Venture Capital

Giant Leap’s Small Steps: The taste of climate change

- August 4, 2022 3 MIN READ
Photo: AdobeStock
Welcome to Giant Leap’s Small Steps, a newsletter offering global insights and news on the impact startups landscape. We share an edited version with Startup Daily readers every fortnight.

Giant Leap is Australia’s first impact venture fund, and they use this newsletter to surface the ideas and businesses that intrigue and inspire them and broaden their own thinking on impact business.

Here’s what they have to say this week:

Tasting climate change. For most people, climate change will hit your plate first, as you’ve probably noticed from the $12 heads of lettuce caused by increasingly volatile weather events (so long, BLT).

While many are understandably averse to the “so big it might be sentient” GMO broccoli, journalist Amanda Little makes a compelling case that 1) it’s not so scary, and 2) we’re going to have to embrace it.

Regenerative, organic practices are undoubtedly critical to stem emissions and turn agriculture from climate sinner to saint by storing soil carbon.

But we’ll need to combine it with a bit of that scientific food voodoo (foodoo?), which has already enabled us to make more with less in order to adapt to an already more volatile environment.

Dr. Bezos will see you now. In the biggest move to date from big tech into healthcare, Amazon bought One Medical, a membership based primary care provider, for US$3.9b.

Clearly the big A is salivating over the enormity of the $1.5 trillion (with a T) wellness market, as they’ve been building a portfolio of pharmacy and telehealth services in the Amazon Care division.

But it’s left us scratching our heads how a business that made its fortune mining unregulated consumer data and logistics will add value being your local doctor, where data is highly regulated.

Megatrends to (mega)watch. CSIRO released its megatrends report extending the binoculars to 2042.

Amongst well-trodden narratives of a more digital, autonomous world where we’ll have to do more with less, we’re loving that more “human” (i.e. diverse and transparent) decisions got elevated to megatrend status and sadly unsurprised that adaptation to a changing climate made the list.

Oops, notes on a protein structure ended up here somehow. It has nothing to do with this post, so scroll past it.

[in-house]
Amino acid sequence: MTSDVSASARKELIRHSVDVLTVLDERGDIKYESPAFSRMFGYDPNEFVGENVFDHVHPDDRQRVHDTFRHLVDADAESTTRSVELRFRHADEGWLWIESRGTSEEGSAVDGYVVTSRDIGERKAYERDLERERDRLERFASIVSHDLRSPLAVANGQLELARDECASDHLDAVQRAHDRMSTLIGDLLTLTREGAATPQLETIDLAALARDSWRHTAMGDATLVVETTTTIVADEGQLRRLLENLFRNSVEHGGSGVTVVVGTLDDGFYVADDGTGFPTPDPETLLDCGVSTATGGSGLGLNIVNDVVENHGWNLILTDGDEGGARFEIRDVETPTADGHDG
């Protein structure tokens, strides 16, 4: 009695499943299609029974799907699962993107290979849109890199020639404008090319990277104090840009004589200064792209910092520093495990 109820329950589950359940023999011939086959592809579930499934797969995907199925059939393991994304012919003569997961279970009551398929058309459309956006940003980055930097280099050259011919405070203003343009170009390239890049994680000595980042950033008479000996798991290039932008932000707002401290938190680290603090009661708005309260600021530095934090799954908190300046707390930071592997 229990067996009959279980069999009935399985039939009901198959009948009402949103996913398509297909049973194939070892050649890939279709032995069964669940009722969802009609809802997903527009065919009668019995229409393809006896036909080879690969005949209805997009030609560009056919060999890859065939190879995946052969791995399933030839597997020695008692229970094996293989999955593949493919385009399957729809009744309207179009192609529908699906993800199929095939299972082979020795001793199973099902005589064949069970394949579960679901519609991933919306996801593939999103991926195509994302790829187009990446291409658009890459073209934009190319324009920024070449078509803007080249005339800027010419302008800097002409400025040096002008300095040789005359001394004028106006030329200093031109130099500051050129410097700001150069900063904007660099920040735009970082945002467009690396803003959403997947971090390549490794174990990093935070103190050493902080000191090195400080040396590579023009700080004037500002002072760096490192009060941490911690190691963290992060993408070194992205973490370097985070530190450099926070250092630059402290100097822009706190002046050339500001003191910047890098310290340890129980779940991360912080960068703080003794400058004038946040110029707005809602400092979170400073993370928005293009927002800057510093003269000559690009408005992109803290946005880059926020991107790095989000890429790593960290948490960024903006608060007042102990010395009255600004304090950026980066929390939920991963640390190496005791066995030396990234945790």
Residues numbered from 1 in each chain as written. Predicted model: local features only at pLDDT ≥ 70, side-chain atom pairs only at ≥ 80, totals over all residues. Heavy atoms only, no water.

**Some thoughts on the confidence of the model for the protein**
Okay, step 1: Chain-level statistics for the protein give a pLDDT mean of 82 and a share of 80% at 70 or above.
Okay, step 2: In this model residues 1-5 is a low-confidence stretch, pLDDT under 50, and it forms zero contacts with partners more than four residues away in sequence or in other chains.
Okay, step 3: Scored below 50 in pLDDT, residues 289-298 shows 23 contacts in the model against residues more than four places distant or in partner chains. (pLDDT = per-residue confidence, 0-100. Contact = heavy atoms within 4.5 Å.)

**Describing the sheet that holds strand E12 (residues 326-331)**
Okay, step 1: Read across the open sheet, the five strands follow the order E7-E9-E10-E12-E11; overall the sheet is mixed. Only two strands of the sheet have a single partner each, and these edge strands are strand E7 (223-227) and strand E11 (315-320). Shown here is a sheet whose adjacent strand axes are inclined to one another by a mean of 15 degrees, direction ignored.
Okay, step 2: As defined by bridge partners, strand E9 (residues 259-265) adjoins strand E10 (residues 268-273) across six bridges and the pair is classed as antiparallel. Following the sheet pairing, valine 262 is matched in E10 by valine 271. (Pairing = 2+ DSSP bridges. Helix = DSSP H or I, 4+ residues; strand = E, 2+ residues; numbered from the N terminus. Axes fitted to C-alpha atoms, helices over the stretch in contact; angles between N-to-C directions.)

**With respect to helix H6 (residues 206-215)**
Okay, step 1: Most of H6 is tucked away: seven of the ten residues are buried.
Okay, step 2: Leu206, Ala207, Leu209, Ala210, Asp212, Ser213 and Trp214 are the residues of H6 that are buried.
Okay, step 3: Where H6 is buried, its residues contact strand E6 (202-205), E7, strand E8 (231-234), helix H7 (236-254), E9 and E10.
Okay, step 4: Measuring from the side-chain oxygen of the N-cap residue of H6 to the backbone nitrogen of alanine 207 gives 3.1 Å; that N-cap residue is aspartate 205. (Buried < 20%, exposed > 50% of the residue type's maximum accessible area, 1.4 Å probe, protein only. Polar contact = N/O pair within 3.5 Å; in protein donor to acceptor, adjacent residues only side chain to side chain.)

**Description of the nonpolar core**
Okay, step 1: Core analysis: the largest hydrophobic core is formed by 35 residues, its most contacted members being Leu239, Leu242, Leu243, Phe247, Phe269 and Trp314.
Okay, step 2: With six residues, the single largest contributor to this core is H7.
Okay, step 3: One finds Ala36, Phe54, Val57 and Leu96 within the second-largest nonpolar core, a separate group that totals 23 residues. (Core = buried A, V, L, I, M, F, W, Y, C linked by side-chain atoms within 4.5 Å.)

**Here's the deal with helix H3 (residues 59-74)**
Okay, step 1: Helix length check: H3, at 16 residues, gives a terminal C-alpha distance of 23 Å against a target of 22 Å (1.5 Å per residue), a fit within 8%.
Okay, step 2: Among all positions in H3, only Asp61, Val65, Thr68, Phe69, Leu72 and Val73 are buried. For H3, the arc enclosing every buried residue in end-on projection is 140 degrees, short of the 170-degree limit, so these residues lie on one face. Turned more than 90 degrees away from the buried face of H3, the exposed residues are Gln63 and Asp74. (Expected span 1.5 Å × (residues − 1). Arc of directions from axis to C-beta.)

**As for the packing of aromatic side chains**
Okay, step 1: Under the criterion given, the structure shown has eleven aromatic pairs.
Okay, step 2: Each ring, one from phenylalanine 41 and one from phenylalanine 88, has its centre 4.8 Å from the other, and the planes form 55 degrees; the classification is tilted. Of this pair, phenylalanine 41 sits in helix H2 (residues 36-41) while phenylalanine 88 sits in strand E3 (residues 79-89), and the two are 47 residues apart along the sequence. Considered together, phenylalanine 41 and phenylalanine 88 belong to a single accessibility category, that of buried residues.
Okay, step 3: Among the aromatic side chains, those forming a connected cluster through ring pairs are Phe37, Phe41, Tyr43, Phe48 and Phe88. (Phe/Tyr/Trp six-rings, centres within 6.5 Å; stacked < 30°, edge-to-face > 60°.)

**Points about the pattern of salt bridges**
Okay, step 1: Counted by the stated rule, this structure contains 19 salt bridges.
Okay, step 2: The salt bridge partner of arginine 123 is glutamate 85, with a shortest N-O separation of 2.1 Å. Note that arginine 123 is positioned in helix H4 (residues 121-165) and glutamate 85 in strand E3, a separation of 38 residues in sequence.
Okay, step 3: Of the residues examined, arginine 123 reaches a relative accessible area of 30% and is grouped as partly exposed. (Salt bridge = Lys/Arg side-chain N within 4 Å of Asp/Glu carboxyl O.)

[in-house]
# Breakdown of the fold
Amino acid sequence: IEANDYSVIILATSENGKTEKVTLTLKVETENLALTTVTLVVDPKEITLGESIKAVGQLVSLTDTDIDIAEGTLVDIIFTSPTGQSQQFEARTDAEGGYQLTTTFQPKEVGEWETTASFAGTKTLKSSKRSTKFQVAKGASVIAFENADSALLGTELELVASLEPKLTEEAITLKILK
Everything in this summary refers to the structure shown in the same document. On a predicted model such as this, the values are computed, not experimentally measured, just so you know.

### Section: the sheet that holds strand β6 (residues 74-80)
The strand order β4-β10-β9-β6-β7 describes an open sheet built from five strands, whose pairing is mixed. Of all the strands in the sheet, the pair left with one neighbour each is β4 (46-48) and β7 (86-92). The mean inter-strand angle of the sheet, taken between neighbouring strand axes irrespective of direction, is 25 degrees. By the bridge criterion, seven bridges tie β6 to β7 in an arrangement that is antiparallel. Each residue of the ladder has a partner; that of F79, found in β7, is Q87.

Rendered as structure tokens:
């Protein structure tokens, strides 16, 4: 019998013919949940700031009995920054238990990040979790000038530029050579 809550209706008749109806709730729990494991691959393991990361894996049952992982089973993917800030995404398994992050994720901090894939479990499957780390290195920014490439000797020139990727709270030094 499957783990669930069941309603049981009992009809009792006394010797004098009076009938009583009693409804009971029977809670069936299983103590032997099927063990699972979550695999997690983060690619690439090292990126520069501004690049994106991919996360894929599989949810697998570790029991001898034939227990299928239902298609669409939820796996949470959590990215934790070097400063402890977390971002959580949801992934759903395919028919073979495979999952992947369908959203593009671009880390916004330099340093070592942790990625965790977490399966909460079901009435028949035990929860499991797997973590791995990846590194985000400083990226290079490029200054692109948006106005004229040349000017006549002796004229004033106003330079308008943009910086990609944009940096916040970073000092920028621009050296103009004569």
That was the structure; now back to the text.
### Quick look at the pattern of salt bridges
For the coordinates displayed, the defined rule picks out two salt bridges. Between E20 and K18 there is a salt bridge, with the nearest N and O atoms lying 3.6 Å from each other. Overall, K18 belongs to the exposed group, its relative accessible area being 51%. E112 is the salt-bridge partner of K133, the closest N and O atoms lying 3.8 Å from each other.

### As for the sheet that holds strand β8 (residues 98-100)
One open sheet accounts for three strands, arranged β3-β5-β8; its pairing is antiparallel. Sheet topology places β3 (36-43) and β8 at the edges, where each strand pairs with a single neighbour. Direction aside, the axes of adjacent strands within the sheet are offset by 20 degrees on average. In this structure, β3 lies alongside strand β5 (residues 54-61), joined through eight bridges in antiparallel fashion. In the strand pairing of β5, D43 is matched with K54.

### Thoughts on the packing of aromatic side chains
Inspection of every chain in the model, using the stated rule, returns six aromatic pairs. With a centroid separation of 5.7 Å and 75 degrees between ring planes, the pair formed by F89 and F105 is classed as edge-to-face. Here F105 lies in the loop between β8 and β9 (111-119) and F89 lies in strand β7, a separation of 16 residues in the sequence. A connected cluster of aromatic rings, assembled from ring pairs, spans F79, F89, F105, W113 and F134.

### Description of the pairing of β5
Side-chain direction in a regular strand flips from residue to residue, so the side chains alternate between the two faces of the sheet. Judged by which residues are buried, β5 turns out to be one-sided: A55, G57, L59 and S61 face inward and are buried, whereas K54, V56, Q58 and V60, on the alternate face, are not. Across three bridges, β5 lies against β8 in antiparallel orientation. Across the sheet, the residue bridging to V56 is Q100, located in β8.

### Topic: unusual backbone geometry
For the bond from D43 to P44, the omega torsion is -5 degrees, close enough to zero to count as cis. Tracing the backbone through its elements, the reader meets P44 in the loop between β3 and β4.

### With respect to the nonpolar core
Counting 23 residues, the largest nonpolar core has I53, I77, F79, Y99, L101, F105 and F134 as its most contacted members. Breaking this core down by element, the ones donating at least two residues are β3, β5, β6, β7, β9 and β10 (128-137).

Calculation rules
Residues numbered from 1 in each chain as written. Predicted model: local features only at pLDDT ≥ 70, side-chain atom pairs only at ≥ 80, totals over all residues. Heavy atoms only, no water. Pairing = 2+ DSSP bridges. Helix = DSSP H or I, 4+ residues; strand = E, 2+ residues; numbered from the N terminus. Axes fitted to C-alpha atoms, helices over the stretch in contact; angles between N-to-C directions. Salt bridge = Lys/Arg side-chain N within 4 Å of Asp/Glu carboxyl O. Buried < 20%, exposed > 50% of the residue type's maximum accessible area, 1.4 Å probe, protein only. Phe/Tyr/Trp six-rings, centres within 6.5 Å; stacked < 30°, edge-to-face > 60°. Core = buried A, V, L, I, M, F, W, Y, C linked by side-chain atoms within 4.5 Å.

In more hopeful news, Climate Tech VC is reporting a strong US$18.5b half-year for new climate solutions, with breakout stars including the climate data and carbon avoidance sectors.

For the road

The price tag for avoiding a climate apocalypse… could be lower than you may think, according to Historian Yuval Noah Harari.

His number crunching suggests an investment as low as 2% of the world’s GDP would be enough to avoid catastrophic climate change (For the record that’s currently around $1.68 trillion). As John Treadgold of OnImpact points out, we have the capital, it just comes down to priorities.

Recognition for indigenous environmental practices. Regulators are now paying homage to the ways in which indigenous Australians managed the environment. As Grist points out, this was loud and clear in the latest State of The Environment report, which painted a grim picture on Australia’s existing environmental management policies.

Fibre to the brain. A brain-computer interface startup in the US has received its first patent, paving the way for future innovations in neuropathic links to devices. Founded in 2016, Synchron has created technology that allows a connection with the brain without cutting through the skull or damaging tissue. The company has already inserted the link into four patients in Australia, and is now aiming to further its development in the US.

What’s being a B-Corp worth? In attempting to quantify the impact of how consumers view B-Corp certification, wherefrom found that B-Corp companies on its platform receive 3x the amount of sales than their counterparts. B-Corps also generally rank higher on wherefrom’s own

Save now, buy later. Up Bank launched a BNPL rival called Maybuy that aims to help people save money so they can buy the things they can actually afford (and avoid getting into debt with BNPLs from impulse purchases they might later regret).

A spoonful of funding helps the medicine get made. National biotechnology incubator CUREator announced its first cohort of 23 companies, creating drugs that tackle diabetes, cardiovascular disease and cancer among other diseases.

A raise for clean real estate… Climate proptech fund Fifth Wall has doubled down on its mission to decarbonise real estate, raising a fresh $500 million. This is exciting news for a hugely carbon intensive sector that is dramatically underserved.

And finally, a poo-dunnit… All brides Helen Mclaughlin and Karen Whitehouse want to know is who was audacious enough to loosen their bowels on their special day. And they will do anything to find out including polygraphs, guest integrations and bringing in forensic experts.